Trump’s tax returns show real estate losses, inheritance impact, no 2020 charitable giving

The House Ways and Means Committee released six years of former President Trump’s business and individual tax returns on Friday, totaling 46 documents with hundreds of pages and more than a gigabyte’s worth of data.

The returns are giving a clearer picture of Trump’s financial situation, underscoring how he’s making his money mostly from investments and interest payments rather than from real estate businesses, which are marked down consistently in the red.

Some of these losses were described in the Ways and Means Committee as “large, unusual or questionable.”

While Trump didn’t pay income tax in certain years, the returns show that Trump had been making payments to the government in the form of estimated taxes. But these are in anticipation of future refunds, such as in 2020 when Trump took only a partial refund and left the rest to be returned in the following year.

The returns also show that Trump has been making money from his inheritance.

Following up the paper’s own investigative reporting about Trump’s taxes in 2020, the New York Times reported that in 2018 Trump reported gains of nearly $26 million from the sale of a Brooklyn housing complex inherited from his father.

Further, the returns show that Trump made zero dollars in charitable contributions in 2020 despite promising to give all of his presidential salary away.

The dump of raw returns comes in the final hours of Democratic control of the House and a week after they were summarized in two congressional reports that found Trump was reporting huge losses, greatly offsetting his tax liability, in some cases reducing it to zero.

The reports from the Ways and Means Committee and Joint Committee on Taxation (JCT) also found that Trump was not being regularly audited by the IRS, in an apparent violation of agency policy, which mandates that sitting presidents are to be audited under normal IRS procedures.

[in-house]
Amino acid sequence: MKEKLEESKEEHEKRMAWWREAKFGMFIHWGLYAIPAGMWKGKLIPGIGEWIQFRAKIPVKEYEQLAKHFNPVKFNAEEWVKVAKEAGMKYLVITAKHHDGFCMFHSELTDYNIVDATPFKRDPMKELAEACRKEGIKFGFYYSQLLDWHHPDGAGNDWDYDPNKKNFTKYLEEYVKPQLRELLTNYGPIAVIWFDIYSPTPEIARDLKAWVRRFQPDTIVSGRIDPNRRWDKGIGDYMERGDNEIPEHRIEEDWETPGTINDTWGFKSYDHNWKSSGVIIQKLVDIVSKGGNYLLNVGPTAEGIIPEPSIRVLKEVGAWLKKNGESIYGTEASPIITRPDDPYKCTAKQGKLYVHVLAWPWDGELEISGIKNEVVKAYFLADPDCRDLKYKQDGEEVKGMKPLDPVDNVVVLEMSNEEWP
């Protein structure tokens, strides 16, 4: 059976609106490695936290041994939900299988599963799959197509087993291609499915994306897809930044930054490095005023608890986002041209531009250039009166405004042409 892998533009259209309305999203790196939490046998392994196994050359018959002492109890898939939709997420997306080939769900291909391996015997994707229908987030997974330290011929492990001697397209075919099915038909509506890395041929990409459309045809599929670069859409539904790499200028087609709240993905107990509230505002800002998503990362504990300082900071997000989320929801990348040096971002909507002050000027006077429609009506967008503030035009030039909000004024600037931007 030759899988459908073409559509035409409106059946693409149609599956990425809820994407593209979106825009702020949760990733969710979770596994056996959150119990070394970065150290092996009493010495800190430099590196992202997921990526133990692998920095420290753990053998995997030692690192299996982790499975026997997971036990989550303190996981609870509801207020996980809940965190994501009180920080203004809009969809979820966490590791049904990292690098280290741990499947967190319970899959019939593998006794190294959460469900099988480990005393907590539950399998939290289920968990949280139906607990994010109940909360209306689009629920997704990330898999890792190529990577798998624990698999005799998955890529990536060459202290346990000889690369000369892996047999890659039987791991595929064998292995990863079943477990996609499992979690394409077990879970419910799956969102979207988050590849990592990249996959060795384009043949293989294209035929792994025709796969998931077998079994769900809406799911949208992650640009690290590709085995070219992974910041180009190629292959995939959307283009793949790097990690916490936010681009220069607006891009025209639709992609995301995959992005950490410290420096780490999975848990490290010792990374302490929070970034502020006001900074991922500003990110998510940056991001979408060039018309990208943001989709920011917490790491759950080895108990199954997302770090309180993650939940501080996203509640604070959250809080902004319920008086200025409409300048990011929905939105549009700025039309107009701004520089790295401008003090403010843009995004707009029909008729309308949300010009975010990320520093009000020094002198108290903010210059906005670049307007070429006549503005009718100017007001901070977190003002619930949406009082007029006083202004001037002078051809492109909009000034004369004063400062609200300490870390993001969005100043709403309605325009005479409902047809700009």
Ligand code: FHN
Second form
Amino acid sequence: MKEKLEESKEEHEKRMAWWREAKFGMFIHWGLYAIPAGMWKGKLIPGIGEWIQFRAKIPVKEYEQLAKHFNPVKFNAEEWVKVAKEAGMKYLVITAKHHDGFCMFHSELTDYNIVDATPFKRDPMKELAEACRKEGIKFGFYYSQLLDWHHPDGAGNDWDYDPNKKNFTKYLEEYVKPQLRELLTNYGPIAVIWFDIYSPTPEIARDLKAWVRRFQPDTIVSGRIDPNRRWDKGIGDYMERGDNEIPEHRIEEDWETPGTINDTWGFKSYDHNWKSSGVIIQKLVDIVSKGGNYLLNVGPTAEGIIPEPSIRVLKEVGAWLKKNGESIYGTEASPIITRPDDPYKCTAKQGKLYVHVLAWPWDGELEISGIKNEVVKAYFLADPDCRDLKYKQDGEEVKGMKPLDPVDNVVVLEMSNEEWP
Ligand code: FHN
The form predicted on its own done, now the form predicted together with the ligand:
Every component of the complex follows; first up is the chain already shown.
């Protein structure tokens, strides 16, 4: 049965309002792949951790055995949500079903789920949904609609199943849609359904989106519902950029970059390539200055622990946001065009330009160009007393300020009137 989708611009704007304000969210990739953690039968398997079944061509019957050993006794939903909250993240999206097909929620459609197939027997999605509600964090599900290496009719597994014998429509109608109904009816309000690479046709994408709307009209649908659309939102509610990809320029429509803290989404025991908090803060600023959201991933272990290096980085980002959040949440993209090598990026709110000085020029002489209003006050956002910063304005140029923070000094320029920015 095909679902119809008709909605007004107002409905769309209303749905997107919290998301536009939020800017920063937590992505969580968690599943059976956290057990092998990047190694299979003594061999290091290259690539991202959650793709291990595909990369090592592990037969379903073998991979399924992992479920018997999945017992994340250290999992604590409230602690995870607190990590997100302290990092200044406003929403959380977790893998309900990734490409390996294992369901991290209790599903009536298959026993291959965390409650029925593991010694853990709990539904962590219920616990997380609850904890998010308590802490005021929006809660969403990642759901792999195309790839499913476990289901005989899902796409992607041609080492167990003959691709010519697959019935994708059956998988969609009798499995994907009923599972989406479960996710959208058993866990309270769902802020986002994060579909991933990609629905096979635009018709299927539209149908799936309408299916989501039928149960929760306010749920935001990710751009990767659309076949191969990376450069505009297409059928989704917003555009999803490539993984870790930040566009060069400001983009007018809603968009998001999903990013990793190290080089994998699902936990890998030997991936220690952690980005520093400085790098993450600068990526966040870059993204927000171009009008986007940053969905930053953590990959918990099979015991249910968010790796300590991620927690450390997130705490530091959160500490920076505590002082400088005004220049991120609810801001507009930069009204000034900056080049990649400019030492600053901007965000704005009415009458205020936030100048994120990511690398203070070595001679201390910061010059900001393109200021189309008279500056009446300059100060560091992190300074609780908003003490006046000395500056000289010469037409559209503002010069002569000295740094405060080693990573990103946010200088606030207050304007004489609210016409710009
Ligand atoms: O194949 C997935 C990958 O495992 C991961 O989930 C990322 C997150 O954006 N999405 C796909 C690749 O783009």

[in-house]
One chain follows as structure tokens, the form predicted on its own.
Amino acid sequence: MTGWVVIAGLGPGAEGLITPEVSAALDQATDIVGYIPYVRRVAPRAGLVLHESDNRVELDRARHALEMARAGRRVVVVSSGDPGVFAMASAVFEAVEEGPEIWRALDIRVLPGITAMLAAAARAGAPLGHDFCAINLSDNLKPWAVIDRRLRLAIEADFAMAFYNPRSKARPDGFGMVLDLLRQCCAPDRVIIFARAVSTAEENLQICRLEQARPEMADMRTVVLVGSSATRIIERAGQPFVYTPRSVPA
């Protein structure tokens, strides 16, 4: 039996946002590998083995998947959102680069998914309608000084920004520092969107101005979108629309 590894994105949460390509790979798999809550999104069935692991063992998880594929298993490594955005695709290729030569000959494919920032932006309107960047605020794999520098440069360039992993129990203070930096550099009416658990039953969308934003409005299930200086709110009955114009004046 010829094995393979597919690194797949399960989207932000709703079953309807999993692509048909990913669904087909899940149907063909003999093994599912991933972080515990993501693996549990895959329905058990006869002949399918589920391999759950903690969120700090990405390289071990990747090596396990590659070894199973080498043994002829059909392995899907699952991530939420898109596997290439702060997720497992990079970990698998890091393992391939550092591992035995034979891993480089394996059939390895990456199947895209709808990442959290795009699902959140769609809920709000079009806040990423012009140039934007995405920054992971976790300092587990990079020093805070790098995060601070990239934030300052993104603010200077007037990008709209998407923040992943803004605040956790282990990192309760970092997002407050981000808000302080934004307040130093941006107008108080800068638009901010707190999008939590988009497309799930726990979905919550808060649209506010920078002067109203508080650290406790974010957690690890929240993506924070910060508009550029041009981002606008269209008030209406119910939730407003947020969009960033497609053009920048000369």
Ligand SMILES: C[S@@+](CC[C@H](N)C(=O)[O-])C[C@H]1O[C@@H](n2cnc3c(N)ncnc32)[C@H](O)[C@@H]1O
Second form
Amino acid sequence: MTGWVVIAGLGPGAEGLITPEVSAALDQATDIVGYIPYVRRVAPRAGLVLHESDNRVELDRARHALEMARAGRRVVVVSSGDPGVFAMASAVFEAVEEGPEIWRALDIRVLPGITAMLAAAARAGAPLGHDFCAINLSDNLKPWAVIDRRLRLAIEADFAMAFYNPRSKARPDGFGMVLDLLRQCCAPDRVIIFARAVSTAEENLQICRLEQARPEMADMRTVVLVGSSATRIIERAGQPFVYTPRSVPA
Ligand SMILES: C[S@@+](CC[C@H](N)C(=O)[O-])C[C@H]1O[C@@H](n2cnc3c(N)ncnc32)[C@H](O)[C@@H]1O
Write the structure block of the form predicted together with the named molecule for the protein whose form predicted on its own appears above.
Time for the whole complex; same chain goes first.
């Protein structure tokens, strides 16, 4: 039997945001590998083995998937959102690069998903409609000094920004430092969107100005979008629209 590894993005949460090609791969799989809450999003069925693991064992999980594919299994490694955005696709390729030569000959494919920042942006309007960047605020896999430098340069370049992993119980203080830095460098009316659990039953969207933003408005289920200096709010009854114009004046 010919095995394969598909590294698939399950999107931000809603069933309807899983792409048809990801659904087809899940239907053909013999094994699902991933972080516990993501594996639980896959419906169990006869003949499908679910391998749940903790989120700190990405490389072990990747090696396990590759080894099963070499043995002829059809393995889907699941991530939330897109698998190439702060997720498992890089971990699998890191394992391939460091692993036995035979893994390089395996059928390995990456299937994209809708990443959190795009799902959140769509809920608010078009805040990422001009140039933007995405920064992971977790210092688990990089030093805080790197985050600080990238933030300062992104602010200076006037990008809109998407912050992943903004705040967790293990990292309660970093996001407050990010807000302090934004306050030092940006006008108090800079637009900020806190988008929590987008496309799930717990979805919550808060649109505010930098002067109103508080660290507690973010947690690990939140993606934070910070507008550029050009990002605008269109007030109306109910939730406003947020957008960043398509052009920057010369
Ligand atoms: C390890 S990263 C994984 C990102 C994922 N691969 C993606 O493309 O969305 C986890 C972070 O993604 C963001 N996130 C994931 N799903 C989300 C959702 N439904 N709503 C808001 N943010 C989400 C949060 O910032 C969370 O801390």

Tax experts say they are interested to get a closer look at Trump’s accounting methods and the ways he was able to get out of paying taxes.

Trump reported large business losses, usually in the tens of millions of dollars, in every tax return obtained by the Ways and Means Committee. Several of these losses derive from a larger $105 million loss that was then spread out to reduce Trump’s tax liability.

This is an established accounting practice to get out of paying taxes in the real estate industry, tax experts say.

“The losses seem to be from K-1s (Partner’s share on income and Deductions) received from entities and partnerships that he has shares in,” New York tax attorney Steven Goldburd said in an email to The Hill. “As a real estate professional he is entitled to take these losses. These losses can be from actual losses, but more likely from real estate depreciation expenses. These entities may not actually [be] losing money, but in fact have the depreciation that are wiping out the partnership’s income.”

Analysts are also looking at foreign bank accounts and payment information that may give a clearer picture of Trump’s relationship abroad.

“I’m going to be looking for things like foreign ownership, foreign accounts, foreign ownership of Trump businesses, payments to foreigners,” Steve Rosenthal, an expert with the Urban-Brookings Tax Policy Center, said in an interview. “There’s bound to be some items that may yet pop out to external reviewers that [the JCT] missed.”

The committee released returns on eight of Trump’s nearly 500 business entities. Those eight returns comprise two of Trump’s branding trademarks, three that pertain to his golf club in Bedminster, N.Y., and two high-level holding companies that contain the others.

“Those two upper-tier entities sit at the top of Trump’s LLC empire. The numbers all roll into those, and I’d like to see some aggregate numbers there,” Rosenthal said.

Democrats released the tax returns as part of a probe into the IRS’s presidential audit program, but Republicans have interpreted the release as a personal attack against Trump.

“With the publicly released transcript of Democrats’ secret executive session, Americans now have confirmation that there was never a legislative purpose behind the public release of these confidential records and that the IRS was conducting audits prior to Democrats’ request,” Ways and Means ranking member Kevin Brady (R-Texas) said in a statement on Friday.

“Despite these facts, Democrats have charged forward with an unprecedented decision to unleash a dangerous new political weapon that reaches far beyond the former president, overturning decades of privacy protections for average Americans that have existed since Watergate.”

Brady also warned of future committee actions related to the release of personal tax returns. The Ways and Means Committee will be led by Republicans when control of the House switches next week.

“Going forward, all future Chairs of both the House Ways and Means Committee and the Senate Finance Committee will have nearly unlimited power to target and make public the tax returns of private citizens, political enemies, business and labor leaders or even the Supreme Court justices themselves,” Brady said.

Via The Hill

Around The Web